To achieve this, a production-focused mindset to construction must be applied across development partners in order to change the way that buildings are currently designed, manufactured and assembled. Applying a new approach to construction could prove challenging for a major programme of work such as OPE - which now incorporates 90% of the UK’s councils across 76 partnerships, 13 government departments and hundreds of health and blue light organisations – but it is an ambition we should be collectively aiming for.

By enabling more user-centric design and earlier supply chain engagement and product solutions, hospitals, schools and offices could be built in a way that improves productivity and delivers better outcomes for society. In 2017, Mace successfully demonstrated how productivity-enhancing construction can be delivered, when it invested £9m in a pioneering jump factory to bring manufacturing levels of production to a building site and built a storey of a residential tower every week. This kind of approach could easily be adapted for public sector projects to offer safer, faster and more predictable delivery.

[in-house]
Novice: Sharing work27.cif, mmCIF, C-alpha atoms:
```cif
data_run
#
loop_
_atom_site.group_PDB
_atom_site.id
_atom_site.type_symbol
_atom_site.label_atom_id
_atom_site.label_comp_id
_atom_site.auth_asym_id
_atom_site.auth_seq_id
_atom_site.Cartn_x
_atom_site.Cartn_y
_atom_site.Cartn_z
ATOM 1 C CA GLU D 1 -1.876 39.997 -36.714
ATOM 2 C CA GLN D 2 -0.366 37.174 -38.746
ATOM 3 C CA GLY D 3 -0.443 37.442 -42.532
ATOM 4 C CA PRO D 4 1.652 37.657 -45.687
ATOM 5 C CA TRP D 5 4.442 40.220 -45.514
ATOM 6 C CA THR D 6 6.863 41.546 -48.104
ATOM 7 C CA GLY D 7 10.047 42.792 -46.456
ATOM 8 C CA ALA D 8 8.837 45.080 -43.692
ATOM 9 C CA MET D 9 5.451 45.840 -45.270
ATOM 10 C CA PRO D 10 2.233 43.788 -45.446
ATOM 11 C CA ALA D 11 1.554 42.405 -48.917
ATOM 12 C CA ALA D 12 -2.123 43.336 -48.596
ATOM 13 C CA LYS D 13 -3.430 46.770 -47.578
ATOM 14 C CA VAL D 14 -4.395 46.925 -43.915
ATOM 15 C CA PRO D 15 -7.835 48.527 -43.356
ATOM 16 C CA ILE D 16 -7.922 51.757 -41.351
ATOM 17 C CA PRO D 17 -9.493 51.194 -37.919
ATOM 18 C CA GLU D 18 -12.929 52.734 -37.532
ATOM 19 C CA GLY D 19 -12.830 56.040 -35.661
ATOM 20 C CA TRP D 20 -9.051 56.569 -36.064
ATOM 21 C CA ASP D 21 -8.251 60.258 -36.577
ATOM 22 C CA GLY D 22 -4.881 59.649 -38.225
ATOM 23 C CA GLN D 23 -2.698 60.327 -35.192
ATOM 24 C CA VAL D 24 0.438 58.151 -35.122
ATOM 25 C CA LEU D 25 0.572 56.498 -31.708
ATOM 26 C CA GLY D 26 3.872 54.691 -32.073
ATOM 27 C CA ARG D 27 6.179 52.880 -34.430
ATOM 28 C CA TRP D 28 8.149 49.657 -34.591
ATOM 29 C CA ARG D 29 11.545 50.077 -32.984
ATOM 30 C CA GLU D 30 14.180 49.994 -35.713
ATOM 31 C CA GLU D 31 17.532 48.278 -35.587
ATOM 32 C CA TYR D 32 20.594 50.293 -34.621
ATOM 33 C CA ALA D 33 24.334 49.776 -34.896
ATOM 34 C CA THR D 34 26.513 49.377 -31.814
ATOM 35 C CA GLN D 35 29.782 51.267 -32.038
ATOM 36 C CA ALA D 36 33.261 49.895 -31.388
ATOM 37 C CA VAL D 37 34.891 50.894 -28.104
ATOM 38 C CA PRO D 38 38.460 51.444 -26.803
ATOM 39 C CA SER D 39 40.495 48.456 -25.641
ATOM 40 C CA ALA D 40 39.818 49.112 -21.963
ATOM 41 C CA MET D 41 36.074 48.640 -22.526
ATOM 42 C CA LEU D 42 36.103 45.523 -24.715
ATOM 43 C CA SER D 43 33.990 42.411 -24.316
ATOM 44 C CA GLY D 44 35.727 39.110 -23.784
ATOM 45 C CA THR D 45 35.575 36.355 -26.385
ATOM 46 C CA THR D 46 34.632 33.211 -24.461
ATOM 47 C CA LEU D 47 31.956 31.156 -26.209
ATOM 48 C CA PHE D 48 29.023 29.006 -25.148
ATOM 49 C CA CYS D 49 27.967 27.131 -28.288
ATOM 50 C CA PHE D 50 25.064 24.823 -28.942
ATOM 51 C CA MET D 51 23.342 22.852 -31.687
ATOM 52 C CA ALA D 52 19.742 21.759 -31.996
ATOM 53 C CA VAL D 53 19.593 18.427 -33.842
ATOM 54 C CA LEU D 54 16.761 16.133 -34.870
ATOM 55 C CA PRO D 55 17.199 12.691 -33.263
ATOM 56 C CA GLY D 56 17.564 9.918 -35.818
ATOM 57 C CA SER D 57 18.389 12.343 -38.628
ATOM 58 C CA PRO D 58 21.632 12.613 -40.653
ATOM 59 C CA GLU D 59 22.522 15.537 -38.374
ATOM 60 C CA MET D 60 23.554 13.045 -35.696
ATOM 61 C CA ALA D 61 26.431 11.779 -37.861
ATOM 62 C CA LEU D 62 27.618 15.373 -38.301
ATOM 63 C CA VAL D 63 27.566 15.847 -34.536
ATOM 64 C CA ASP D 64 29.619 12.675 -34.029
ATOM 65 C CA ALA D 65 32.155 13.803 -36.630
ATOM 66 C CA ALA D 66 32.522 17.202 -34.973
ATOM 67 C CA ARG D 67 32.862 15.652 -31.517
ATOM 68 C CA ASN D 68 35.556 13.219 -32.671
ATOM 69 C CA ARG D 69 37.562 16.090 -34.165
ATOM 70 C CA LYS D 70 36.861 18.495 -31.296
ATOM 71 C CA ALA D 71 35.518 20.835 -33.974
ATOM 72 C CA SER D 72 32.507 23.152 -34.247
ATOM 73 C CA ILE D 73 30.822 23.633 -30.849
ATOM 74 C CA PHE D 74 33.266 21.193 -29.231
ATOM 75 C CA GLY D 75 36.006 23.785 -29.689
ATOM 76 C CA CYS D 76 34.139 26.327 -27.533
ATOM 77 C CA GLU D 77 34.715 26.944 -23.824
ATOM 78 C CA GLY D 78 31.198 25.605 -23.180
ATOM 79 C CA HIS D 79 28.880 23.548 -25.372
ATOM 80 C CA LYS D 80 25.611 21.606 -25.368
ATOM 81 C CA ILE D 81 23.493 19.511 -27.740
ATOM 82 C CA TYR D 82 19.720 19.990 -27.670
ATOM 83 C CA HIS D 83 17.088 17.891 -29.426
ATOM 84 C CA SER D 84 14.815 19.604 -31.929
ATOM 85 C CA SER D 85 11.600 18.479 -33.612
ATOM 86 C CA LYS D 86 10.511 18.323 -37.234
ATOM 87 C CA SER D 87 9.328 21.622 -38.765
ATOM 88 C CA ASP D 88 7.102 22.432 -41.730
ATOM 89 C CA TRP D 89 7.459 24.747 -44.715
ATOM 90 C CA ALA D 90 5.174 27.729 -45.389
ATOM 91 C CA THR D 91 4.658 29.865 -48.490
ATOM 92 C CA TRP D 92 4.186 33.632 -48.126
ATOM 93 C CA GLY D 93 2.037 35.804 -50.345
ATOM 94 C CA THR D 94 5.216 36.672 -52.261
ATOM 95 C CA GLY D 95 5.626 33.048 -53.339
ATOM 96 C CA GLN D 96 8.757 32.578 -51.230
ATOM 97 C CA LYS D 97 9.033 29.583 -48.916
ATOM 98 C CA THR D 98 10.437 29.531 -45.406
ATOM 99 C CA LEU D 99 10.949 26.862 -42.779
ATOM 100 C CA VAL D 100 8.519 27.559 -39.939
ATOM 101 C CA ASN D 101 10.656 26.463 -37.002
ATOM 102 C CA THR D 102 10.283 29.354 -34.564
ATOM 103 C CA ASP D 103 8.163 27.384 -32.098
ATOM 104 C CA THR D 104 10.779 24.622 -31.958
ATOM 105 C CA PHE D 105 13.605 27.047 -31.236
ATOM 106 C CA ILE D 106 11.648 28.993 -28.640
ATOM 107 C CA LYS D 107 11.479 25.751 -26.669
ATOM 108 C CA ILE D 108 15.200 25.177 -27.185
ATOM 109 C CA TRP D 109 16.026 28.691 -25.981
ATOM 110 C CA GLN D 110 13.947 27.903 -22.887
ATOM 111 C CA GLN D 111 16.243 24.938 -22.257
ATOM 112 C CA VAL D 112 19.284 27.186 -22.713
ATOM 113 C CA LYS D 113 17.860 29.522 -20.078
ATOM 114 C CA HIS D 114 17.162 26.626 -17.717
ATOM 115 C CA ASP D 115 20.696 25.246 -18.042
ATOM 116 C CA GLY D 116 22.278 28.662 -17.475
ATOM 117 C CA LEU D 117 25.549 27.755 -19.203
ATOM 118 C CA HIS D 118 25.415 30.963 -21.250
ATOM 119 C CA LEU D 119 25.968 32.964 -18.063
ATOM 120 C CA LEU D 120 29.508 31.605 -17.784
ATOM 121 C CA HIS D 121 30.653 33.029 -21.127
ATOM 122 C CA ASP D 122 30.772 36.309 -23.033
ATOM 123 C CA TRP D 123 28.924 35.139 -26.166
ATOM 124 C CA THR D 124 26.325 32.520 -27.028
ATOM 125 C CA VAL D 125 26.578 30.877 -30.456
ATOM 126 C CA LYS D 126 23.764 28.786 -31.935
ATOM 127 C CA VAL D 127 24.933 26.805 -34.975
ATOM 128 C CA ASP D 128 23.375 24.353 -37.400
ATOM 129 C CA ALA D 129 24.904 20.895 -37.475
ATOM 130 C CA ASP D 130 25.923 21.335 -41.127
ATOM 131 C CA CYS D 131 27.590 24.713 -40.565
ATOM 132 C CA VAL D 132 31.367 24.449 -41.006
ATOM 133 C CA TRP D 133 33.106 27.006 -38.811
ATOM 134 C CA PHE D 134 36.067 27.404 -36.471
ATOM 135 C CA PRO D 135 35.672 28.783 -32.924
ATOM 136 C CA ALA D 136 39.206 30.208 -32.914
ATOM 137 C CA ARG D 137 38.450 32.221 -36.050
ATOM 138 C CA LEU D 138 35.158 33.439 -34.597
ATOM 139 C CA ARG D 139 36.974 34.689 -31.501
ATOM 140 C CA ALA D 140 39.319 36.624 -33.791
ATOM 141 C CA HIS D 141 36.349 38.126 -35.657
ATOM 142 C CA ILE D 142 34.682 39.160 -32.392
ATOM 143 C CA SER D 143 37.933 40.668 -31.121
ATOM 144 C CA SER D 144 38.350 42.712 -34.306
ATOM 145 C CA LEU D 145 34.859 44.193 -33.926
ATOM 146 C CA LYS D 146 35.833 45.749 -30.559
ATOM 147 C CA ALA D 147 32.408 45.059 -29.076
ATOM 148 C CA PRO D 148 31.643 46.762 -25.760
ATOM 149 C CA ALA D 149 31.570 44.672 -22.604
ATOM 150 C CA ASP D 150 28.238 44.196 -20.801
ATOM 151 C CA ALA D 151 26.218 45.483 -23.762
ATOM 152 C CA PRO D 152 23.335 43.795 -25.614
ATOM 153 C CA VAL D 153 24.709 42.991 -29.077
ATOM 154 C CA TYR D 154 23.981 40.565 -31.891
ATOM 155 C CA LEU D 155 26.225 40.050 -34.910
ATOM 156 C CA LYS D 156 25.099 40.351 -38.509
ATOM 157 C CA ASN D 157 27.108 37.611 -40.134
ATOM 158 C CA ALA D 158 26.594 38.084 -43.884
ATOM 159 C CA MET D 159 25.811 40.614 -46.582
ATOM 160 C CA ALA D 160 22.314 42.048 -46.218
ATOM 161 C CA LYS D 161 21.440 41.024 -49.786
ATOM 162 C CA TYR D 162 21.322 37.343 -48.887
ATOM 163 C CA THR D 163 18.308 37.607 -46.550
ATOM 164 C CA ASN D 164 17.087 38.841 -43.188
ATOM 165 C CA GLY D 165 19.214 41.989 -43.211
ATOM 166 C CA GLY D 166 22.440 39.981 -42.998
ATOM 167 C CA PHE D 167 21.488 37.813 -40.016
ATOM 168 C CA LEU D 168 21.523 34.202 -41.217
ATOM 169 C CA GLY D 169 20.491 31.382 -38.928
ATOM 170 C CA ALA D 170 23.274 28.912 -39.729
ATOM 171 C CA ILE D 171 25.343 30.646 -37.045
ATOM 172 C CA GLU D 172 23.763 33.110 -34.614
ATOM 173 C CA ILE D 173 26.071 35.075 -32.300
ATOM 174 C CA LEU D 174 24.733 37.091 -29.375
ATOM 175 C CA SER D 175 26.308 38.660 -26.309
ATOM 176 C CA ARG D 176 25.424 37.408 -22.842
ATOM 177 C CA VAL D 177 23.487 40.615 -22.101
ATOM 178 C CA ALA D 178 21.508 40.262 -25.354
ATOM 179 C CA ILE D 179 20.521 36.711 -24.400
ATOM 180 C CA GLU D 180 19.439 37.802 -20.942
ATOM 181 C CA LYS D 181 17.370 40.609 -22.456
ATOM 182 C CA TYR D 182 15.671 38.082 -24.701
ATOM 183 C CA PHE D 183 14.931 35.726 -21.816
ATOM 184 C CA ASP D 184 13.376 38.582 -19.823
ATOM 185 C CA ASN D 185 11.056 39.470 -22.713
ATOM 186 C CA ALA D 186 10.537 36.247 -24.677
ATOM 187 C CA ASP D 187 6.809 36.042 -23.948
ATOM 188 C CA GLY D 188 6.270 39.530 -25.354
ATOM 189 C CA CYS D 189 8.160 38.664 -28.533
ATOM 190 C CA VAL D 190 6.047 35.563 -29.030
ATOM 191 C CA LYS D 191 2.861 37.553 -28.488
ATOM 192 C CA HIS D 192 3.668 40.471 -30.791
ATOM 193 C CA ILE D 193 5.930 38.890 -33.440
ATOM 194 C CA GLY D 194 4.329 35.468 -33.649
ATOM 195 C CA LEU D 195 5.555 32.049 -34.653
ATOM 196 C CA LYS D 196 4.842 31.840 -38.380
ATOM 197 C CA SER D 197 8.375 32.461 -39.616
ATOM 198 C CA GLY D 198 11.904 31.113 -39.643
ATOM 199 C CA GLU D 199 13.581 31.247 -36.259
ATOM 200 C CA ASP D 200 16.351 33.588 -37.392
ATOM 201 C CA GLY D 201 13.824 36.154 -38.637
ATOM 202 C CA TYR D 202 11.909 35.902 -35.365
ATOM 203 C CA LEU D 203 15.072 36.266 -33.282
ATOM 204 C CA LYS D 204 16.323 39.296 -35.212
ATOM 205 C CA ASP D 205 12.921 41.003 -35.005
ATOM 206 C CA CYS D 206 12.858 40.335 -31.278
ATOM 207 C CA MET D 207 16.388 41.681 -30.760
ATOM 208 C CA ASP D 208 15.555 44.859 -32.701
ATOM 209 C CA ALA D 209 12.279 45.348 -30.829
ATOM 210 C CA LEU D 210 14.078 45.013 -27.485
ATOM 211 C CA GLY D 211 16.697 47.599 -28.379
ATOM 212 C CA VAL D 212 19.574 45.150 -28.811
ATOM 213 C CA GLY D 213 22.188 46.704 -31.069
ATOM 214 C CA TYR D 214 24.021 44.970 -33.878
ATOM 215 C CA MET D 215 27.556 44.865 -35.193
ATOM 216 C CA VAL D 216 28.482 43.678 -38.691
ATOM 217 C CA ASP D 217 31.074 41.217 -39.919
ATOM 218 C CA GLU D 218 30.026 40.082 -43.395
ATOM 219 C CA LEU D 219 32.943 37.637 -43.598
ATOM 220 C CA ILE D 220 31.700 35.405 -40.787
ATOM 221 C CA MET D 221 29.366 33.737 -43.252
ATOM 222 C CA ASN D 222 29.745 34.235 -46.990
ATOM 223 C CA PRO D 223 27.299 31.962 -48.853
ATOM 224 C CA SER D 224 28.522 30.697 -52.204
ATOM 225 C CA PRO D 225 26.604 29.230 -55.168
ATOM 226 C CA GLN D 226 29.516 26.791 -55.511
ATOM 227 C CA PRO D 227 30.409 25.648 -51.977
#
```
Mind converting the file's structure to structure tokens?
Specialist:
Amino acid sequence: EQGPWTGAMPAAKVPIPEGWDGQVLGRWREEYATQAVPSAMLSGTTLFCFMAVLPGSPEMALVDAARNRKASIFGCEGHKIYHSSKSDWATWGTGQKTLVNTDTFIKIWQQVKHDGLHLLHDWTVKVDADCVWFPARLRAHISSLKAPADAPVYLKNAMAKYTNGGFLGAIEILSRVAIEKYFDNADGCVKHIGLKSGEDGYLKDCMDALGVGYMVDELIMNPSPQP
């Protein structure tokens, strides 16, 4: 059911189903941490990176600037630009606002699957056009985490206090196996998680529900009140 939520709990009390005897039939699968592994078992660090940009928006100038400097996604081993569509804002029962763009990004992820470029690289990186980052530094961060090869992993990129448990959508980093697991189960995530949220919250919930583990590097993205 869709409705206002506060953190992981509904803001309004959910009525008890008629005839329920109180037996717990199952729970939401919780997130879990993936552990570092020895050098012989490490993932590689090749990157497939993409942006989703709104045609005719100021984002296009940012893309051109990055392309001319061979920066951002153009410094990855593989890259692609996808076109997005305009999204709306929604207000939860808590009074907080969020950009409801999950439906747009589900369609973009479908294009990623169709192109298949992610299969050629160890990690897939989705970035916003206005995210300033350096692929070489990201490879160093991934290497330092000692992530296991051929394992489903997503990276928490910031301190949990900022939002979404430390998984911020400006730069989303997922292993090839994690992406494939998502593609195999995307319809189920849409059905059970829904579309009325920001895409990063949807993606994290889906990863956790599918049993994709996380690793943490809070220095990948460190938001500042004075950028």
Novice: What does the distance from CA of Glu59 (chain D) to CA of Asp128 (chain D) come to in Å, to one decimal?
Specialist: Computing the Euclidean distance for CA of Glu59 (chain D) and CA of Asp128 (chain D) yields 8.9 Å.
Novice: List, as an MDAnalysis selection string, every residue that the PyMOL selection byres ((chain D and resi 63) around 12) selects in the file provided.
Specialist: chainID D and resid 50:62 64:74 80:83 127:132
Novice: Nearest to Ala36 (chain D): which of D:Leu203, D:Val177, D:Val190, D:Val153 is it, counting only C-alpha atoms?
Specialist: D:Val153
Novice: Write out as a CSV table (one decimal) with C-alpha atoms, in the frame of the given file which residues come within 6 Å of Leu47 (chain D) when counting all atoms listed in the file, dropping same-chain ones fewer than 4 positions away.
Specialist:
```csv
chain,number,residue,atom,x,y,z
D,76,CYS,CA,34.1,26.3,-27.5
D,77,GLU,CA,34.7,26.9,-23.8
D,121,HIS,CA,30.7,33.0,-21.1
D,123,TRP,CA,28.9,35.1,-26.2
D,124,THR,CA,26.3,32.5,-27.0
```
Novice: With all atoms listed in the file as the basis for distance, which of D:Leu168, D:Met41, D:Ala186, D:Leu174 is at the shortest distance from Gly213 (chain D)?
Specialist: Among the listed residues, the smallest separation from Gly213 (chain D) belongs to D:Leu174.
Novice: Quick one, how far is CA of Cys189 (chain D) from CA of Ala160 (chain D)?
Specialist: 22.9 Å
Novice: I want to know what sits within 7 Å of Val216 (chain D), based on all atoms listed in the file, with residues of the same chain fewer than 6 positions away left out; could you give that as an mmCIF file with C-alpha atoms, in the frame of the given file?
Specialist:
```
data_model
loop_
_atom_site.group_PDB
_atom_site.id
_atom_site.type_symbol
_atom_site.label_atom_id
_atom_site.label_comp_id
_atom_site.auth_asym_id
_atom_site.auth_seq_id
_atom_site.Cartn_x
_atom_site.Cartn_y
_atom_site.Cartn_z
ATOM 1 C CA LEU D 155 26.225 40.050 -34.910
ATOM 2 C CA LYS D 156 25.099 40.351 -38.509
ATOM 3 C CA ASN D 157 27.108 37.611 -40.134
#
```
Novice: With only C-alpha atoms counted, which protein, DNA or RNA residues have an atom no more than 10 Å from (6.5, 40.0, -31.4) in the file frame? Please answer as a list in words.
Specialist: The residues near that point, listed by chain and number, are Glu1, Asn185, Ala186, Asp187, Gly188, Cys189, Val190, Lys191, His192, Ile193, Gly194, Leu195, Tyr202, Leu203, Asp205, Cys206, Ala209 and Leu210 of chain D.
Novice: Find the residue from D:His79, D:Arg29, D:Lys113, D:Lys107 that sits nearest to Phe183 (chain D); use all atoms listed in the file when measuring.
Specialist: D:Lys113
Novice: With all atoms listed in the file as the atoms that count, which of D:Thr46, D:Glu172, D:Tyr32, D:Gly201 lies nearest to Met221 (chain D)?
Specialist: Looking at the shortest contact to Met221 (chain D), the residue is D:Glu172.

A further recent example saw Mace complete the design of a new Defence Infrastructure Organisation Building at MOD Whittington. Mace delivered the ‘Kit of Parts’ design against an enhanced programme timeframe. The reserved matters planning application was submitted within just seven weeks of the commencement of the project.

Strategic projects can be challenging enough with an individual client, however with multiple clients involved with OPE, there is a greater requirement for strong governance, including a shared definition of the brief, programme of activity, and consensus on the overall governance arrangements.

Key challenges can be anticipated and navigated by ensuring the following questions can be answered: